Depends upon the stab size too So ideal is based upon the individual plane. I think this year with the limits on chord size it is more rearward. But as someone noted each plane is an entity unto itself. The Freedom Flight developer noted that it flew preliminarily well up to .75 inch rearward in his design plans. But two experienced coaches/mentors on this forum noted .25-.50 inch and even at the rearpost for this same plane. As Jeff Anderson has noted building the plane is only a small part of this event. Your practice will determine ideal for your plane..
I WILL RETURN TO PHILMONT IN JULY!
07 Reg 1st BLG, 3rd WV.
08 Reg 1st Twr, 2nd BLG
State 1st Twr
09 Reg 1st WS, PSL and Crave the Wave, 2nd Robo-X, EB
State 1st EB, 3rd WS
10 Reg 1st EB, PSL, 2nd WS, Disease Det., 3rd Traj.
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eta150
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Re: Flight Trimming

Postby eta150 » March 25th, 2010, 3:23 pm

Due to repairs (most notably on my destroyed tail), my plane has gained .10~.15g. Would this weight gain result in the ~10 sec. I've lost from my flights? I'm rebuilding the tail from scratch to cut weight regardless, but I was wondering if that small weight gain should have caused this change.
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Re: Flight Trimming

Postby calgoddard » March 25th, 2010, 3:41 pm

Assuming your 2010 Wright Stuff plane was flying around three minutes in a low ceiling height, i.e approximately 22 feet, and 0.10 to .15 grams of weight was then added to the plane, it is reasonable to assume that this extra weight could result in flights about 5 - 10 seconds shorter, all other factors being constant. This is why Jeff Anderson and others are continually recommending that students fly a plane that just meets the 7.0 gram minimum weight.

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eta150
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Re: Flight Trimming

Postby eta150 » March 25th, 2010, 3:44 pm

Yeah, that sounds about right. Thanks!
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Littleboy
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Re: Flight Trimming

Postby Littleboy » March 27th, 2010, 4:56 am

Does anyone know how tall the gym will be for MI state?

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Re: Flight Trimming

Postby jander14indoor » March 27th, 2010, 8:38 pm

Assuming its flown in the usual gym, which I expect, about 24 ft or so at the center peak, 20 ft at the sides. That's to the bottom of the rafters. Not open girder rafters, but solid I-beam rafters, I think. Some lights and ceiling fans, spaced enough not to be too much problem. I seem to remember they replaced the hanging lights with flush ceiling fluorescents improving the site for WS, but that may have been the other gym we use when there are two flying events. Floor space is generous enough to fly multiple official flights, but we seldom do, though we may interlace teams t get all 48 teams in. Two teams flying officials at one time, but only one in the air at a time. At some times of day there is drift, but I'm going to leave that to you to figure out.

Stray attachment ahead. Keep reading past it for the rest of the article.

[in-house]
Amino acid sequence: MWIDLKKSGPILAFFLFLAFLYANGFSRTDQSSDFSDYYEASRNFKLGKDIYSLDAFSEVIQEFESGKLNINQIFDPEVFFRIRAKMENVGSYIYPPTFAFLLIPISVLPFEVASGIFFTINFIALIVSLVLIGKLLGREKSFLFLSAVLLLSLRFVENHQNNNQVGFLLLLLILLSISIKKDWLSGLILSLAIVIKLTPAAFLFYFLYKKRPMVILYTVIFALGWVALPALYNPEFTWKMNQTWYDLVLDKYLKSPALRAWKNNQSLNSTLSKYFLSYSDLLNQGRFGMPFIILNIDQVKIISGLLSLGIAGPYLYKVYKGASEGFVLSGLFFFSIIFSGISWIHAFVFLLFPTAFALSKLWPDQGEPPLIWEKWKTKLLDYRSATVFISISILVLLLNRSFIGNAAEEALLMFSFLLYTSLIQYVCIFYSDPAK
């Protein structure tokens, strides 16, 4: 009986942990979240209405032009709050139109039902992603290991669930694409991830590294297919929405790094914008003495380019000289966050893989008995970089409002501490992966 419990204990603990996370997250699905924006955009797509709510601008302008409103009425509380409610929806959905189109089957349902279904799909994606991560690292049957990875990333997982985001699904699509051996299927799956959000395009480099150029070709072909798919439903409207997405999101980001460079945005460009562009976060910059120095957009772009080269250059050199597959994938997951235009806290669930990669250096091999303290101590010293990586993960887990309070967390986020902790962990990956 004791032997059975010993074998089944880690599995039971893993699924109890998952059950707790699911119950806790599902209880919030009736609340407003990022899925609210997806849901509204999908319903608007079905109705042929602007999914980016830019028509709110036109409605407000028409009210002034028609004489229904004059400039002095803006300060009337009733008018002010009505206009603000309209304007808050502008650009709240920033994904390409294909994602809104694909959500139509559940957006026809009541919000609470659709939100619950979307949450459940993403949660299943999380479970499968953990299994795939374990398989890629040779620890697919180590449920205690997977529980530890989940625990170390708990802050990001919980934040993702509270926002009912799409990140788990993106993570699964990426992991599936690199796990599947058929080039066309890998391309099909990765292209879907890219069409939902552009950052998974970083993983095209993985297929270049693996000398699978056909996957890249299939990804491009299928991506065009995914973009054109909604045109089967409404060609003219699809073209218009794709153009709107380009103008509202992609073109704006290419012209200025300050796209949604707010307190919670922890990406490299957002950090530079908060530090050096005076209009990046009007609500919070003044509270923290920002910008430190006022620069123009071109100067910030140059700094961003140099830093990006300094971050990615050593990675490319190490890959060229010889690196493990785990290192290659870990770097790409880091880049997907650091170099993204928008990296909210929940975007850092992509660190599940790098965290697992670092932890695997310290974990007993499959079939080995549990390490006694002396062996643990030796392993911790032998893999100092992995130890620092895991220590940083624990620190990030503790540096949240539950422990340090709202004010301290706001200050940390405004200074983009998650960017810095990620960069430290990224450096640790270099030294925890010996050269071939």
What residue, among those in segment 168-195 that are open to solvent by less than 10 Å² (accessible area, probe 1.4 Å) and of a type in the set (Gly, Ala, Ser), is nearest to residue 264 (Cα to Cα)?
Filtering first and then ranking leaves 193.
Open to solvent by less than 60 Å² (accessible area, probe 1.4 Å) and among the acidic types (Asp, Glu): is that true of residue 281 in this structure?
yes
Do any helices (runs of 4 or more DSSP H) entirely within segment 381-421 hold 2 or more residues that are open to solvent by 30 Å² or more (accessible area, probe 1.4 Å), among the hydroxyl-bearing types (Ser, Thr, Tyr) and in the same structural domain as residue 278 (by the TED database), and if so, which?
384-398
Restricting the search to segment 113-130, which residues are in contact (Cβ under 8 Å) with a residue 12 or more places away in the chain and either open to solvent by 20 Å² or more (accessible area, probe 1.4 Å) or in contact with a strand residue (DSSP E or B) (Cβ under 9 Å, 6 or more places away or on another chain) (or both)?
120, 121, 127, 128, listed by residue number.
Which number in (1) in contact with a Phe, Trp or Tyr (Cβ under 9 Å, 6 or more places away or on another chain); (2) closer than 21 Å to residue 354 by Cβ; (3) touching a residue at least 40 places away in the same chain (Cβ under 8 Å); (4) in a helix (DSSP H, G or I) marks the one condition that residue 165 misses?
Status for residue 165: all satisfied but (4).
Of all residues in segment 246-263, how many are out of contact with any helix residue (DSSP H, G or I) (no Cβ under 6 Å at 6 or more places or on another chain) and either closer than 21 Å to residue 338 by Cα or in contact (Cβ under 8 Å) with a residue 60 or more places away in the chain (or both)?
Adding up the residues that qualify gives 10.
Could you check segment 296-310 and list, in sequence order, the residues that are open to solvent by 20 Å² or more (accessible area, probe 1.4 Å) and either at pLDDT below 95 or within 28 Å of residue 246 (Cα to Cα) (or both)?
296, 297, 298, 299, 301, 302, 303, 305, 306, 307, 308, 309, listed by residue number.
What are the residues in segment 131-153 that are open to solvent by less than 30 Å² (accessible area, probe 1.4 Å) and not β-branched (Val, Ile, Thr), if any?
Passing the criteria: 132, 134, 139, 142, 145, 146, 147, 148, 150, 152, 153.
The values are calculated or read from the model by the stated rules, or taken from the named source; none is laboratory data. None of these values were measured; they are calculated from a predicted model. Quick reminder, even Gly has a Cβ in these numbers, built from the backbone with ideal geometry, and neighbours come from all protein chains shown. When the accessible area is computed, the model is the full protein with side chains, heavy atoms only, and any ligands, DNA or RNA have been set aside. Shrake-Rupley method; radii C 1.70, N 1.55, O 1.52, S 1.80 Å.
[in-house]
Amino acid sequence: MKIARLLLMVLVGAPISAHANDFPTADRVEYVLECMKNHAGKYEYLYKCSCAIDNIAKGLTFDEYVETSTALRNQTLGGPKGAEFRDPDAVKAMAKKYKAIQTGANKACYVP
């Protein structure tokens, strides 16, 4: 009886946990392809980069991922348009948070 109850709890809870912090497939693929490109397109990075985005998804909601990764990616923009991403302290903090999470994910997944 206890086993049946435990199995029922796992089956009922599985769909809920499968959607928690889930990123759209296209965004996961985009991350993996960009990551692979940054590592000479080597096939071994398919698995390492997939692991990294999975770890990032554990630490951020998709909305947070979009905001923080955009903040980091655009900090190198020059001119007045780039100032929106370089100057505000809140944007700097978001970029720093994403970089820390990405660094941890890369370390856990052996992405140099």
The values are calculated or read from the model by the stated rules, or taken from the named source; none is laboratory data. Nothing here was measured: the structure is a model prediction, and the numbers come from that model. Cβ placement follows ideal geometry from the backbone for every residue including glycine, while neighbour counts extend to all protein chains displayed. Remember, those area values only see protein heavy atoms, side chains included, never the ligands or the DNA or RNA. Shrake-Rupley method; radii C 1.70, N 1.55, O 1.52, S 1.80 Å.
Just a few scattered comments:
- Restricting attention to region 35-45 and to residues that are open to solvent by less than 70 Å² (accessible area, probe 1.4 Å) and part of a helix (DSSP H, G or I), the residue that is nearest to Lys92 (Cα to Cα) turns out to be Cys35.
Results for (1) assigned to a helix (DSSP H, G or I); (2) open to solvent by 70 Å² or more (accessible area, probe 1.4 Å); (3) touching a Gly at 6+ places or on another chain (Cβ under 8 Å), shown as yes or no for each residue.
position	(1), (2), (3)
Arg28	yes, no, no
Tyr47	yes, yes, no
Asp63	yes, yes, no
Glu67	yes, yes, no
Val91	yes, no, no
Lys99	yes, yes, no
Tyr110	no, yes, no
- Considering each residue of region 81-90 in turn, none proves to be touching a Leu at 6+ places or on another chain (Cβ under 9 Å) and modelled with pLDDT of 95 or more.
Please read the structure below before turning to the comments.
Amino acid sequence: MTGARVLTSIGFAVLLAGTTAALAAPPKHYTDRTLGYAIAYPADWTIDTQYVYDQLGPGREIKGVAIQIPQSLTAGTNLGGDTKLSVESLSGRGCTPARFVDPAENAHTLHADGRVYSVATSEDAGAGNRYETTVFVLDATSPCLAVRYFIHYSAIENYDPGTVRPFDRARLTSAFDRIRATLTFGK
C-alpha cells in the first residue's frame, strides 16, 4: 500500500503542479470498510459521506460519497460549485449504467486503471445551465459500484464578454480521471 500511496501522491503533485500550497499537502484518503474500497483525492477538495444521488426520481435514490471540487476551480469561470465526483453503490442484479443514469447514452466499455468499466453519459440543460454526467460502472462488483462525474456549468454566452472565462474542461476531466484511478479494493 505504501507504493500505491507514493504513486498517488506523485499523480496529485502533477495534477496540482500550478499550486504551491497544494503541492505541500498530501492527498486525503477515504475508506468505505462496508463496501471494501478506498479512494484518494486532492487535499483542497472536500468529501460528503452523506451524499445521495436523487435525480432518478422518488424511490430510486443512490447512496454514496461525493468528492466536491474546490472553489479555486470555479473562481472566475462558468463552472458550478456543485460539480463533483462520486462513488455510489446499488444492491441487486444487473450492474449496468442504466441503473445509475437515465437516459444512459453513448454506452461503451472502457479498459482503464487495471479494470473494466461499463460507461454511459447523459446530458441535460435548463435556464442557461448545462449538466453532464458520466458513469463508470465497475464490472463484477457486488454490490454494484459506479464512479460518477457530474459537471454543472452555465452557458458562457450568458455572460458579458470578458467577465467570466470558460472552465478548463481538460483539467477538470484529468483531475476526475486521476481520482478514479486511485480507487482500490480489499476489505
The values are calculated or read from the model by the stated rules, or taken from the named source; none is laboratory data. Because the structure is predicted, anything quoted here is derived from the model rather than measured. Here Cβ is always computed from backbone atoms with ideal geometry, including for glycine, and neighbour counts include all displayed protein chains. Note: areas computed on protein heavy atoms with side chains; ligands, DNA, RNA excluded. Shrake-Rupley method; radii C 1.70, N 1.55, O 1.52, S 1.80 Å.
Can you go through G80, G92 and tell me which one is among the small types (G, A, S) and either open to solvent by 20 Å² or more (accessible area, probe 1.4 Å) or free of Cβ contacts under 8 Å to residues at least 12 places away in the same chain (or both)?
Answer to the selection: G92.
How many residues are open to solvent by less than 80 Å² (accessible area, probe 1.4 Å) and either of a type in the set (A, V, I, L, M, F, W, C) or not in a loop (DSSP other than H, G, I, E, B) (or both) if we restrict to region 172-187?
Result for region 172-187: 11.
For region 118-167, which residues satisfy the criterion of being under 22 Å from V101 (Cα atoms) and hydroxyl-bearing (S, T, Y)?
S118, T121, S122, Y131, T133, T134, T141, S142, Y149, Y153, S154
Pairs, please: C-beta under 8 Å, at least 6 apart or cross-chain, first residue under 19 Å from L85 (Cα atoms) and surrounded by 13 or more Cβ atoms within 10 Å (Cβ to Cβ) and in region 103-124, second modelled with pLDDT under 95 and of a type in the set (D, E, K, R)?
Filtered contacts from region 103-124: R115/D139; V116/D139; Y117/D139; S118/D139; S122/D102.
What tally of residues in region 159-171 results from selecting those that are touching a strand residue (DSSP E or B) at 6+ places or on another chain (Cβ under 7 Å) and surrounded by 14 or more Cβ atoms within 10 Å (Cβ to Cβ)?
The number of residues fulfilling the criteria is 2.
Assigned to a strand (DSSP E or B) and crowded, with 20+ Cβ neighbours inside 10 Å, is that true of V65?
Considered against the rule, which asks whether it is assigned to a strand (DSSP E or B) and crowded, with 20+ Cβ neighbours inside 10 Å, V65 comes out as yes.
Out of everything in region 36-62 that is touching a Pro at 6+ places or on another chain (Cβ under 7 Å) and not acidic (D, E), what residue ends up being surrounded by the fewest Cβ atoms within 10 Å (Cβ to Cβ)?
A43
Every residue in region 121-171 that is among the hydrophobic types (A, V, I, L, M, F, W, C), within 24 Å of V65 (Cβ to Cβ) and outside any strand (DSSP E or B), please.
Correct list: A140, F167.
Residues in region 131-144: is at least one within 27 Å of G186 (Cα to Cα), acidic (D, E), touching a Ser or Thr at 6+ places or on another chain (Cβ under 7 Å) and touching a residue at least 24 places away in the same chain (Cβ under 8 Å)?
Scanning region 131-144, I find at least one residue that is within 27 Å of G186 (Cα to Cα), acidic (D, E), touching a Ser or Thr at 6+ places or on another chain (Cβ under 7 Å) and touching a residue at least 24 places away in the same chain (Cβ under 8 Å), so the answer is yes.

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Re: Flight Trimming

Postby StampingKid » March 30th, 2010, 4:04 pm

4 weeks until state. Moving from low humidity winter to spring showers. My bridges I store in turkey roaster bags with silica crystals. Should I worry about my planes? My first concern for them is not breaking them. But their static set up is so précise that I also want to avoid warping the wing or stab especially in an adverse direction. And do I need to be aware of any adjustments for the rubber size if we have rain on the day of the competition? When we fought running vents last year we used bigger rubber. Is 100 percent humidity going to call for a similar adjustment?
I WILL RETURN TO PHILMONT IN JULY!
07 Reg 1st BLG, 3rd WV.
08 Reg 1st Twr, 2nd BLG
State 1st Twr
09 Reg 1st WS, PSL and Crave the Wave, 2nd Robo-X, EB
State 1st EB, 3rd WS
10 Reg 1st EB, PSL, 2nd WS, Disease Det., 3rd Traj.
State 1st EB, PSL, 2nd WS, 3rd Disease Det.

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Draylon Fogg
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Re: Flight Trimming

Postby Draylon Fogg » March 31st, 2010, 3:23 pm

Moisture adds weight, but also flexibility, so it just depends on where your planes are trimmed at, but there might be some call for adjustment when you get there.
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Re: Flight Trimming

Postby bd123 » April 3rd, 2010, 11:55 am

My plane initally climbs really fast (while stalling), at a very high angle untill it gets close to the ceiling about 18ft. It then levels out and then decends. Is this normal? I feel that if the ascent is slower it would be better.

My plane is 7.0grams. Around .102 ish rubber, 45(15) winds, 1.4-1.5g. Fairly large wind chord. An ok number of winds left. The front of the wing is 1/8" higher than the back. Center of gravity is around the middle of the wing.